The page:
‘This must be a shock,’ my father said. ‘But I happened to be in the area and thought I’d stop by.’

‘They’re Long Island iced-teas,’ said my mother. ‘Do you want one?’

My eyes were still wet from the drive, and I wiped at them and said ‘Sorry about how my face looks. A rock smashed through my windshield.’

‘Did it hit you in the head?’ asked my father.

‘There’d be blood if that happened,’ my mother said.

‘Not if he’s concussed,’ he said to my mother. Then to me, ‘Are you concussed at all?’

I explained that I was fine, and nothing had hit me at all. My mother and father drank their cocktails and there was the rattling of their ice in the glasses and each of them seemed to find great satisfaction in their drinks. They kept drinking them and sighing, and although it was a hard process to watch, it did make me wonder why they’d ever broken up in the first place.

‘Do you want some food? There’s casserole left over,’ my mother said.

‘No,’ I said. ‘No, I might head home.’

‘Hang on, let me walk you out,’ my father said.

Every time I saw him I would study his face, which I found so unfamiliar, and would wonder if that’s what I was slowly morphing into. My father had a ponytail and a beard though, and these two features took up a large percentage of his appearance. He was shorter than me too, but there was something familiar about the shape of our mouths that always made me look at him and think, This is the disaster I’m heading towards.

When my father saw the state of my car he gave a low whistle, like he was impressed.

‘They got you good huh?’ he said.

‘I have no idea who did this,’ I said.

‘The road was empty.’

‘The road was empty,’ I said, agreeing. ‘What are you doing here anyway?’ I said.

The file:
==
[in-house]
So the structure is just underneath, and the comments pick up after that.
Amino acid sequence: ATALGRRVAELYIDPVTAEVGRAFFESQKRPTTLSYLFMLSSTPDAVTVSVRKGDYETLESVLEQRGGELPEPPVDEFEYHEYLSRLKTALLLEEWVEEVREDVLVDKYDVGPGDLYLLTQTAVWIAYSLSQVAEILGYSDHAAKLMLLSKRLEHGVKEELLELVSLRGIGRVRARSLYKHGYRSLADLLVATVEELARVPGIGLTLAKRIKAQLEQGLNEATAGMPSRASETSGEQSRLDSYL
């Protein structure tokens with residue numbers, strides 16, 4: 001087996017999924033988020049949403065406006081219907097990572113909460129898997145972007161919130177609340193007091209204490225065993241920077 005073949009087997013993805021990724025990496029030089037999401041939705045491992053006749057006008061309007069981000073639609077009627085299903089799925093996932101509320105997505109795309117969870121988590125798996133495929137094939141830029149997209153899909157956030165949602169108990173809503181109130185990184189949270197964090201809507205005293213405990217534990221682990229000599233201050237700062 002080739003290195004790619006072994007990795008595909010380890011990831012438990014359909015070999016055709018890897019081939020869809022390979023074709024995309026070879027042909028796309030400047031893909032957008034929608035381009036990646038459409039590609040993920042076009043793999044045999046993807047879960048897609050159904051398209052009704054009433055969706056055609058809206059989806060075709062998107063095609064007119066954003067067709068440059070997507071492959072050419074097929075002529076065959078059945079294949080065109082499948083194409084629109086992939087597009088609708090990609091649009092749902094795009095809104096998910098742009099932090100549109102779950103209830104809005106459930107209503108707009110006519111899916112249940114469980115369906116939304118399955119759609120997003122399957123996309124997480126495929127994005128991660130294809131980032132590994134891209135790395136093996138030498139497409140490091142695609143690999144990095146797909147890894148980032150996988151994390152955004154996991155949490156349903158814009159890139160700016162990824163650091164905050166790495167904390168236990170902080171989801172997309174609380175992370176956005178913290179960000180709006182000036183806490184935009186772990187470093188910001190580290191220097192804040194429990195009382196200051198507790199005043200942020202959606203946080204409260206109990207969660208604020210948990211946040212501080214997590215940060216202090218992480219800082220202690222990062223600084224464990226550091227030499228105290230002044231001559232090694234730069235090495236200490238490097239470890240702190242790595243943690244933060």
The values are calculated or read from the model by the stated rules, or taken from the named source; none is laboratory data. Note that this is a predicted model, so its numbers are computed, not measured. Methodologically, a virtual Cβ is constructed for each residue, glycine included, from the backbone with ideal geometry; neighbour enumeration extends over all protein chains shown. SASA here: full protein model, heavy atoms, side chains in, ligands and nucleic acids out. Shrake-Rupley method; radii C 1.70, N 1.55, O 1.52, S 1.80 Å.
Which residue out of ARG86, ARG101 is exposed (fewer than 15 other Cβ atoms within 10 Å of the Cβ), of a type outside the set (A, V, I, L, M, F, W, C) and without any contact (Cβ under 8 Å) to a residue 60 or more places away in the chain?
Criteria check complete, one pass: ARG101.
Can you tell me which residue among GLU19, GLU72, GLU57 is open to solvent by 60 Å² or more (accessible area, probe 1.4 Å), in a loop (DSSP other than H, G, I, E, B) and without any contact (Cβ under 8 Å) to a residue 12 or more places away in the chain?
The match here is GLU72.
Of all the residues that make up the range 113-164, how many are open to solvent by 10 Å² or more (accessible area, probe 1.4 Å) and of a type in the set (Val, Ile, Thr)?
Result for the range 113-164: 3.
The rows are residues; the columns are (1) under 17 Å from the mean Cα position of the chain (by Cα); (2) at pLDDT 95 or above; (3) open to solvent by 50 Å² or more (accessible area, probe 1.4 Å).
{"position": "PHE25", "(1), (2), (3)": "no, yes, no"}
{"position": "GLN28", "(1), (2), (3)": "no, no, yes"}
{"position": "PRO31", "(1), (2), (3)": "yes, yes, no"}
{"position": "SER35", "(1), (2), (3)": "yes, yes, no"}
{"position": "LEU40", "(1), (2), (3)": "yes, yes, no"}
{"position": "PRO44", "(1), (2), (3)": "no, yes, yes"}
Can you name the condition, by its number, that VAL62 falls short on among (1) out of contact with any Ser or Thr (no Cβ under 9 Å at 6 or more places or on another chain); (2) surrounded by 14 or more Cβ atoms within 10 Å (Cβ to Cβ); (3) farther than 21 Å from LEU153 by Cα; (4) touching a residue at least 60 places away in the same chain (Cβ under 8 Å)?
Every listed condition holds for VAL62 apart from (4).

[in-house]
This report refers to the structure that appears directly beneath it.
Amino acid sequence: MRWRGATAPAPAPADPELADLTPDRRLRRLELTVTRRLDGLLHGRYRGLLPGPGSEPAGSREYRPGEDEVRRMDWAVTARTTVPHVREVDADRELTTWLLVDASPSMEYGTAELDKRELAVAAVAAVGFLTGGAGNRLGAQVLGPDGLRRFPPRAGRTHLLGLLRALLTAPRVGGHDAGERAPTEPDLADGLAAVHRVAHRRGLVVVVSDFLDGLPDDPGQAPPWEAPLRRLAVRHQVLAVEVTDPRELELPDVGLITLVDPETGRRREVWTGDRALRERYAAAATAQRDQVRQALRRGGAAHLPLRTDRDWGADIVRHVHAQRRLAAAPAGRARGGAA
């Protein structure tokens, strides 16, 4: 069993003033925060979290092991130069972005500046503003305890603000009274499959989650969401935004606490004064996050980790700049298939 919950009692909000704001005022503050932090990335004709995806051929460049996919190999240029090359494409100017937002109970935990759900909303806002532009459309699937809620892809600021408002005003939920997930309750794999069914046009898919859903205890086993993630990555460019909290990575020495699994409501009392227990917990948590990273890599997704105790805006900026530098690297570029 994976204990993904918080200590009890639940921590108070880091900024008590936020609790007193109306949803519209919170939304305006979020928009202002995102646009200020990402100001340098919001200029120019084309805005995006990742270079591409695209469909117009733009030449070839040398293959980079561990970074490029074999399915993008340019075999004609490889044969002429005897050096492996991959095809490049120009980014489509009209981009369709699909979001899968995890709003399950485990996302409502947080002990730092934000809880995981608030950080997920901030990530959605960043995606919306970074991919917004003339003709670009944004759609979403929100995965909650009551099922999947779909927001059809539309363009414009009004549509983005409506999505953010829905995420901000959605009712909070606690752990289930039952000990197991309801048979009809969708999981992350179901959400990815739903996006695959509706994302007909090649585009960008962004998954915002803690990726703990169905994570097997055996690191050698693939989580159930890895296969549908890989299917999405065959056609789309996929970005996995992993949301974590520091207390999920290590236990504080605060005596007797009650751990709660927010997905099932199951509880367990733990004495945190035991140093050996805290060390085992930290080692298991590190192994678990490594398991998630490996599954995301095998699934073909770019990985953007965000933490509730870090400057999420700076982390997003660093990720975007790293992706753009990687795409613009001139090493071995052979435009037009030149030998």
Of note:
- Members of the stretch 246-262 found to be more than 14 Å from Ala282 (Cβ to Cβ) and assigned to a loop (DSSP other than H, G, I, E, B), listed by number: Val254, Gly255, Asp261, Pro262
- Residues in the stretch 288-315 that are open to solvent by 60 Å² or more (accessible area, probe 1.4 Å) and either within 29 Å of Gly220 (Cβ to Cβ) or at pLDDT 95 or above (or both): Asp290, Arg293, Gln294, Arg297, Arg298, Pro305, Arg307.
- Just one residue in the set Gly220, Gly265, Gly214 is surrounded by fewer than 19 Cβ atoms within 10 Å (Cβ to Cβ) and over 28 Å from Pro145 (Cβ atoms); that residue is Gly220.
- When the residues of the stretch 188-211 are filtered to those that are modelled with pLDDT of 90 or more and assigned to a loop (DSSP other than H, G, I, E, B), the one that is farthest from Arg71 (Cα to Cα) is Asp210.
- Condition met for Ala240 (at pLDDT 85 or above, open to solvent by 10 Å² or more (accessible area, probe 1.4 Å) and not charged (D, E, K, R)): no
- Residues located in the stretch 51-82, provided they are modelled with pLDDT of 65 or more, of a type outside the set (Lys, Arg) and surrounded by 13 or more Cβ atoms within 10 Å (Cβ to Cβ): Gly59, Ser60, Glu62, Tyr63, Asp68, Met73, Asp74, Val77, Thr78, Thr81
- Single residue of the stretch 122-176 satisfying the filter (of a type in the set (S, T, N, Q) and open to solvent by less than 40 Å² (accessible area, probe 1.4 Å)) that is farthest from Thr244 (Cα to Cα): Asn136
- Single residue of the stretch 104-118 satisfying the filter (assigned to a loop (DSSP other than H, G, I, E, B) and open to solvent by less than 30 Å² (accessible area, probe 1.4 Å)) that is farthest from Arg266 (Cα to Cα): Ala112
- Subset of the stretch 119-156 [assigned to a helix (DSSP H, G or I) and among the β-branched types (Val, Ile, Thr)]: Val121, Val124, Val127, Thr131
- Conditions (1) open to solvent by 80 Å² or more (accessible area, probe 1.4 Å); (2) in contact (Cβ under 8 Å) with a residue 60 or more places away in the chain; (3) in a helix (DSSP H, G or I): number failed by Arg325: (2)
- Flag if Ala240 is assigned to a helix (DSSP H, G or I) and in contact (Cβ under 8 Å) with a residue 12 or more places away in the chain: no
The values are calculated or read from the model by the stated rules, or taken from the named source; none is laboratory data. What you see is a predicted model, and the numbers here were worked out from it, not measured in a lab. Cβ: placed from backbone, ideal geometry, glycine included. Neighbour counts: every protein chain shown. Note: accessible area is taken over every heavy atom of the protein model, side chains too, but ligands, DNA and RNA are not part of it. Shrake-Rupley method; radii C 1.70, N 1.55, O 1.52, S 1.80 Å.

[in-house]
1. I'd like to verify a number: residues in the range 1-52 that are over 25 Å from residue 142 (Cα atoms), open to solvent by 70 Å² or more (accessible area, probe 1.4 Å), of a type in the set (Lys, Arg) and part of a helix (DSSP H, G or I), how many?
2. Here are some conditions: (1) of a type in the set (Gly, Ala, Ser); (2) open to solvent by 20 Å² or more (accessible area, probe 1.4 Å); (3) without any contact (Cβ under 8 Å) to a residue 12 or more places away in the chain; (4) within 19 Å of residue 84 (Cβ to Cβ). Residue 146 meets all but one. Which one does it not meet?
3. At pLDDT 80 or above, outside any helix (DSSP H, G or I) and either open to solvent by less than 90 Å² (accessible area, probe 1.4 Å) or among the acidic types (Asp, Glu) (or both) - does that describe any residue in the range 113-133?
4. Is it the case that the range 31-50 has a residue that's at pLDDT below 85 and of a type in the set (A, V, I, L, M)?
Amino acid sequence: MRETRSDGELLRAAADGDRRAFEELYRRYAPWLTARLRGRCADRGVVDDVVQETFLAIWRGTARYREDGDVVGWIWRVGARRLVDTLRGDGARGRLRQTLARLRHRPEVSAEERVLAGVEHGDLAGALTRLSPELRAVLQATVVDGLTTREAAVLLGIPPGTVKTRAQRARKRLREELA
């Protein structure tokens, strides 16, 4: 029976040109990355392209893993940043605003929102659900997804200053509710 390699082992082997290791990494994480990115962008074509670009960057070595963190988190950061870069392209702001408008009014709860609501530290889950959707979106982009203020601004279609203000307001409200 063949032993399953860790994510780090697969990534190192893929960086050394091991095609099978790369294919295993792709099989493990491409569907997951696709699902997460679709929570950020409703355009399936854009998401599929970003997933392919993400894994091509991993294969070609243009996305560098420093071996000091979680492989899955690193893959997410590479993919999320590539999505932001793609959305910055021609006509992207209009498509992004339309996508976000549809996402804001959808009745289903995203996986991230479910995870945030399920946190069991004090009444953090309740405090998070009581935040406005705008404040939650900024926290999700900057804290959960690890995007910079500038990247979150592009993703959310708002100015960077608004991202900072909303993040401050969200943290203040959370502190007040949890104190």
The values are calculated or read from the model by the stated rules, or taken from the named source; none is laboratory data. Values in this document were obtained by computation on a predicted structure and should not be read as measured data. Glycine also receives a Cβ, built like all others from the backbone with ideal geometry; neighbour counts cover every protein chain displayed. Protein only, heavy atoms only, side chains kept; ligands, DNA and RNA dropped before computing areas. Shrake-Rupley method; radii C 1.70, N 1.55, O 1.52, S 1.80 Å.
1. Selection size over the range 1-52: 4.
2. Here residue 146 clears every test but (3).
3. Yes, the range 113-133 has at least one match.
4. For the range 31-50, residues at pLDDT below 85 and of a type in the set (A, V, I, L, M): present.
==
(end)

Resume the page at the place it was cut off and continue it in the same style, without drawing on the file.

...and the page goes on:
My father looked surprised. ‘Your mum didn’t mention it? We’ve got a gig at the hospital, we’re playing for the opening of a new wing.’

‘Oh,’ I said.

‘She didn’t mention it at all? I’ve been here for days. We’ve been practicing.’

By ‘we’ my father was referring to the barbershop quartet he was in that were mildly famous and sometimes booked boat shows or corporate gigs. I had seen them perform only a few times and I was always filled with a mix of boredom and surprise that my nondescript father had the bravery to get up there and sing in front of so many people, especially without the safety of having an instrument to play. It was something close to pride.

‘I can’t believe your mother hasn’t mentioned anything,’ my father said, looking hurt. ‘I’ve been planning this for weeks.’

I put my arm up and tapped him on the shoulder, in what I hoped was a comforting way. I’d forgotten that sometimes he took things pretty hard. I’d once seen him almost come to tears when he’d found out his favourite restaurant had closed down.

‘Try not to take it too personally,’ I said. ‘Mum’s got a lot on her mind at the moment.’



DAN PRENTEGAST’S DEALERSHIP had a large inflatable statue of himself out the front, tied down with ropes so it wouldn’t roll away in the wind. It was an exaggerated likeness, of course, but it was also a pretty accurate depiction of him and when he was standing next to it, drinking a coke out of a large cup with a straw, he looked like he was being shepherded by his gigantic cartoon brother.

‘Nice balloon,’ I said, out of my wound-down window, when I rolled up onto the lot.

‘What on earth happened to you?’ Dan said.

‘Rock came through it last night. I was hoping you’d be able to fix it.’

Dan took a sip from his drink. I could see it moving up through his straw. Above us small triangle flags, running this way and that in a tangled and loose canopy above the cars, flapped wildly in the wind. There were several people in the lot, looking at cars.

‘You’ve got that balloon man tied down pretty strong huh?’ I said. ‘Don’t people ever try to steal it or burst it or anything?’

‘We deflate it every night,’ Dan said. ‘Then it gets locked in the office.’

‘It must be pretty arduous having to set it up every morning.’

‘I guess I’ve come to appreciate it,’ Dan said. ‘I come here before anyone else, the place is empty. I attach it to a pump and watch it slowly build itself up. You should come by and see it one day.’

‘Can I get you to look at my car?’ I said.

‘It’s become part of my morning routine, is what I was trying to say,’ said Dan.